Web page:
The Future of Insurance Podcast – Jason Kaminsky

CEO, kWh Analytics

Season 3, Episode 3, June 21, 2022

Guest Bio

Jason Kaminsky is the CEO at kWh Analytics. Just prior to joining kWh Analytics, Jason spent more than three years as a Vice President of Environmental Finance at Wells Fargo Bank. As a senior member of the Wells Fargo deal team, Jason originated, underwrote, and financed tax-equity investments during a time when the bank added nearly $1bn of solar assets. Prior to joining Wells Fargo in 2011, Jason worked at SPG Solar, where he supported the CEO on strategic corporate initiatives.

Jason received both his B.S. in Mathematics and his B.S. in Atmospheric, Oceanic, and Environmental Sciences from UCLA. He holds an M.S. degree in Environment and Resources from Stanford University, and also completed his M.B.A. at the Stanford Graduate School of Business. He is from Thousand Oaks, California.

Highlights from the Show

  • Jason’s background is on the finance side of solar and alternative energy
  • kWh was founded to create a data ecosystem that could be used by the financial industry
  • They created a data co-op model with solar asset owners who would share the data with kWh and get insights back, allowing kWh to use that data in its products to the financing world
  • In 2015, they collaborated with the Department of Energy to see what could be understood about solar production, to see if there’s a better way to forecast than the tools on the market so far
  • This also enabled an entry into the insurance space because of what kWh understood about the solar projects they could apply their data to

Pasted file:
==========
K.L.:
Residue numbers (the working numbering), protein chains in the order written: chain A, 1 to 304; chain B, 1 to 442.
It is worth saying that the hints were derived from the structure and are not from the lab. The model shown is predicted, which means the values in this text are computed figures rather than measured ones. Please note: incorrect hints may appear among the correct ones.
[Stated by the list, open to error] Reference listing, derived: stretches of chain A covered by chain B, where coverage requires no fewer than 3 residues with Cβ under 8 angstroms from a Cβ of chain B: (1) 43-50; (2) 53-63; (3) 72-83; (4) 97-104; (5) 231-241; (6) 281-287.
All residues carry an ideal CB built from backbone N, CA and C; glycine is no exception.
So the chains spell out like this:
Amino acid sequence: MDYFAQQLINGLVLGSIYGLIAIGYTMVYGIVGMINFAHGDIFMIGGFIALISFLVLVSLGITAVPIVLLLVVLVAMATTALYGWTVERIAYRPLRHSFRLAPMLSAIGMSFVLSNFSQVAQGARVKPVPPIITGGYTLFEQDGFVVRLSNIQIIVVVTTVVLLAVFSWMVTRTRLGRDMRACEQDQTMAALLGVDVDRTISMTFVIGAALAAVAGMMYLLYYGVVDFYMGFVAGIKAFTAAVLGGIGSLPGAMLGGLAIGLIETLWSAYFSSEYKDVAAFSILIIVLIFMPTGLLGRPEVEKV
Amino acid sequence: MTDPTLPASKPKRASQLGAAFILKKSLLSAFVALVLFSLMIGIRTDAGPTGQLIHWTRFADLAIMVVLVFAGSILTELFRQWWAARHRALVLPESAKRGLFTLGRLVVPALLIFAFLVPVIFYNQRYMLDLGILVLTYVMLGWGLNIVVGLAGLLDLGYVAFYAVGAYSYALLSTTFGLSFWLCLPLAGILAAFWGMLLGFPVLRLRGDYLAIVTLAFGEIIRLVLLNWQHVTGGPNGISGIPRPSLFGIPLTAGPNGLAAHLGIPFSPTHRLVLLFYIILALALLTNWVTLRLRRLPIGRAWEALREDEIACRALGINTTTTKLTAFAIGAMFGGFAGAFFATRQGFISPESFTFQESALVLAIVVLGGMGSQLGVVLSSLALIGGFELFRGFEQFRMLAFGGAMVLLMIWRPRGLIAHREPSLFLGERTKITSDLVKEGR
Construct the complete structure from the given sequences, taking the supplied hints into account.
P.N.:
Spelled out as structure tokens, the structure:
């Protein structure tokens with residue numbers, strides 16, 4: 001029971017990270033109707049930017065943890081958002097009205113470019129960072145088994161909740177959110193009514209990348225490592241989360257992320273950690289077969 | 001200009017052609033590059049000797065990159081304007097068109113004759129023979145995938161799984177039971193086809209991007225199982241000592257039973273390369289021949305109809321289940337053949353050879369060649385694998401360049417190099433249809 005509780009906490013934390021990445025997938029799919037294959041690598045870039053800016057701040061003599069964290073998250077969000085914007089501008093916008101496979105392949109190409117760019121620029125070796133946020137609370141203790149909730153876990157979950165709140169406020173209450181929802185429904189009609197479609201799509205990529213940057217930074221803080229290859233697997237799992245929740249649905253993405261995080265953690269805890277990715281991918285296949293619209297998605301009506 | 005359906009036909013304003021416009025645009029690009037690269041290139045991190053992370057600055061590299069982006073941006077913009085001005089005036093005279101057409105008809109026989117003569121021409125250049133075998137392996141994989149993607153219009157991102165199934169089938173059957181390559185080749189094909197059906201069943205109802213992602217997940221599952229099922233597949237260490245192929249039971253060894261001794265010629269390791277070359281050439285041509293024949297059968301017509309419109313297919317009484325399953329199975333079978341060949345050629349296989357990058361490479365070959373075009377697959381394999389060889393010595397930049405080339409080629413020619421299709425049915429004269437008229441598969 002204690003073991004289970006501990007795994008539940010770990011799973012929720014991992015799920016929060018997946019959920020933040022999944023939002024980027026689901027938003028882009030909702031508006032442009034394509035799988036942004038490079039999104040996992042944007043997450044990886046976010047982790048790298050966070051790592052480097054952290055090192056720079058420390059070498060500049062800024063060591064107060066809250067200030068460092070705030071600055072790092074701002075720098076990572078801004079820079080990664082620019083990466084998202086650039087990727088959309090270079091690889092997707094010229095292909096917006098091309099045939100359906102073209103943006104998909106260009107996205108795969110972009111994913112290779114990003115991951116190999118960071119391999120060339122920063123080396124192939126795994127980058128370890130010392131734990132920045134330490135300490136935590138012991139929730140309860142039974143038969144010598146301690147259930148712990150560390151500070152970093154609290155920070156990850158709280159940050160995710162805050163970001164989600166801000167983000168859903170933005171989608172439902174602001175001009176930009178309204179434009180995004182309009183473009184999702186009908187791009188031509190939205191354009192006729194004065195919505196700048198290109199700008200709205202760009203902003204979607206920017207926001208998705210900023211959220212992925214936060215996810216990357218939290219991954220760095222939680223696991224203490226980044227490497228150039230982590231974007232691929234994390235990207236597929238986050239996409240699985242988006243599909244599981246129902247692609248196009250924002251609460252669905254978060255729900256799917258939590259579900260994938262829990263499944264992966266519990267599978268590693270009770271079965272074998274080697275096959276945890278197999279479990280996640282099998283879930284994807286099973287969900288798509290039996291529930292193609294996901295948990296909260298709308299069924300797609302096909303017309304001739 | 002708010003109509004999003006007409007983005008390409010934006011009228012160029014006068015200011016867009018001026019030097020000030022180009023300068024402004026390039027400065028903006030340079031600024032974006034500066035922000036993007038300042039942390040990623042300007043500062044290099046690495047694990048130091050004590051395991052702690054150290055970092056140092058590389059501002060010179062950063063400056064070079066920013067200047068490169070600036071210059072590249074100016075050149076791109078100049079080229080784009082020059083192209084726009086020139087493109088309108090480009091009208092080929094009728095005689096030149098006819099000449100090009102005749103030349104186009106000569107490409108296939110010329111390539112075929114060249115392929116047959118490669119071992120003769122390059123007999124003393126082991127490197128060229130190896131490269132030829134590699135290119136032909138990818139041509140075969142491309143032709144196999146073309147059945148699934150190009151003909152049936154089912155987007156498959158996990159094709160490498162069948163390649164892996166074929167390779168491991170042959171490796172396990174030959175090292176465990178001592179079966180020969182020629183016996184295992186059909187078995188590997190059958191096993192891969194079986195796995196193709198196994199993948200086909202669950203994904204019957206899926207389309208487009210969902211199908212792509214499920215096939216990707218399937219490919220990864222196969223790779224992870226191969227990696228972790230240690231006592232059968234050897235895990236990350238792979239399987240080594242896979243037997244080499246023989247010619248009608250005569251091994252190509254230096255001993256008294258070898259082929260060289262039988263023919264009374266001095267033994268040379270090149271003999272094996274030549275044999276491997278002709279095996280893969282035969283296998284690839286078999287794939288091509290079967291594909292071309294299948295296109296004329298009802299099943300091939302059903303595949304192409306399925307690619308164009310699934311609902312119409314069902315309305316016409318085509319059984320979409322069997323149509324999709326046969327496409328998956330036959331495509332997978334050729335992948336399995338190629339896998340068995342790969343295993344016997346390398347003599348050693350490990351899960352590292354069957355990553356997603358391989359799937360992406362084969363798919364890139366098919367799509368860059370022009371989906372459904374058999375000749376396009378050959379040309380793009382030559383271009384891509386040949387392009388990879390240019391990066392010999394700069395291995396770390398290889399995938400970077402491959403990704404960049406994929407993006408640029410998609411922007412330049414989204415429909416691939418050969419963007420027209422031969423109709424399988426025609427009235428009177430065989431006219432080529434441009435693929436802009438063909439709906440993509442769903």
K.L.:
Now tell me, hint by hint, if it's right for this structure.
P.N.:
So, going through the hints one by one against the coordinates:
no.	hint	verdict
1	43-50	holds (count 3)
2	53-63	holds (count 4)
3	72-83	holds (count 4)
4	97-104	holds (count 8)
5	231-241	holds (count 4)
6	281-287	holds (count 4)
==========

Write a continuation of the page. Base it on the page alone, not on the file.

• These solar projects needed to generate enough power to pay for their construction and operation, and insurance can be used to cover the risk that they fail to cover their costs
  • Project Finance is nothing new, but when it’s in new technologies like solar, it’s inherently riskier and more expensive, so insurance can help ensure the flow of financing, allowing these new technologies to take hold
  • While the entity doing the project is the one that takes out the coverage, the lender needs to understand the insurance, too, so they can provide more favorable loan terms, so that creates a need to educate both sides of the risk equation, not just the buyer
  • Projects started to have trouble getting Property insurance in 2021 due to climate risk, especially in markets like Texas, where a large hail event lead to a multi-million-dollar loss at a solar project
  • kWh wondered whether they could do a better job of understanding these risks than existing insurers, and find a way to insure these projects
  • They go a step further, though, because they also have data on the success of projects, including weather-related losses a project suffers, and actions project owners take to protect against these losses, so they can give proactive insights and advice to insureds to reduce their risks and enhance the project’s performance
  • Having come from the renewables space, the kWh team is better positioned than the broader insurance market to understand and support these risks, just like specialist financiers can do a better job choosing and supporting projects than the general lending community
  • As we look at power production being built, 3/4 is renewables, so this may be a small space today, but it is very quickly ramping up
  • My ESG paper can be found at

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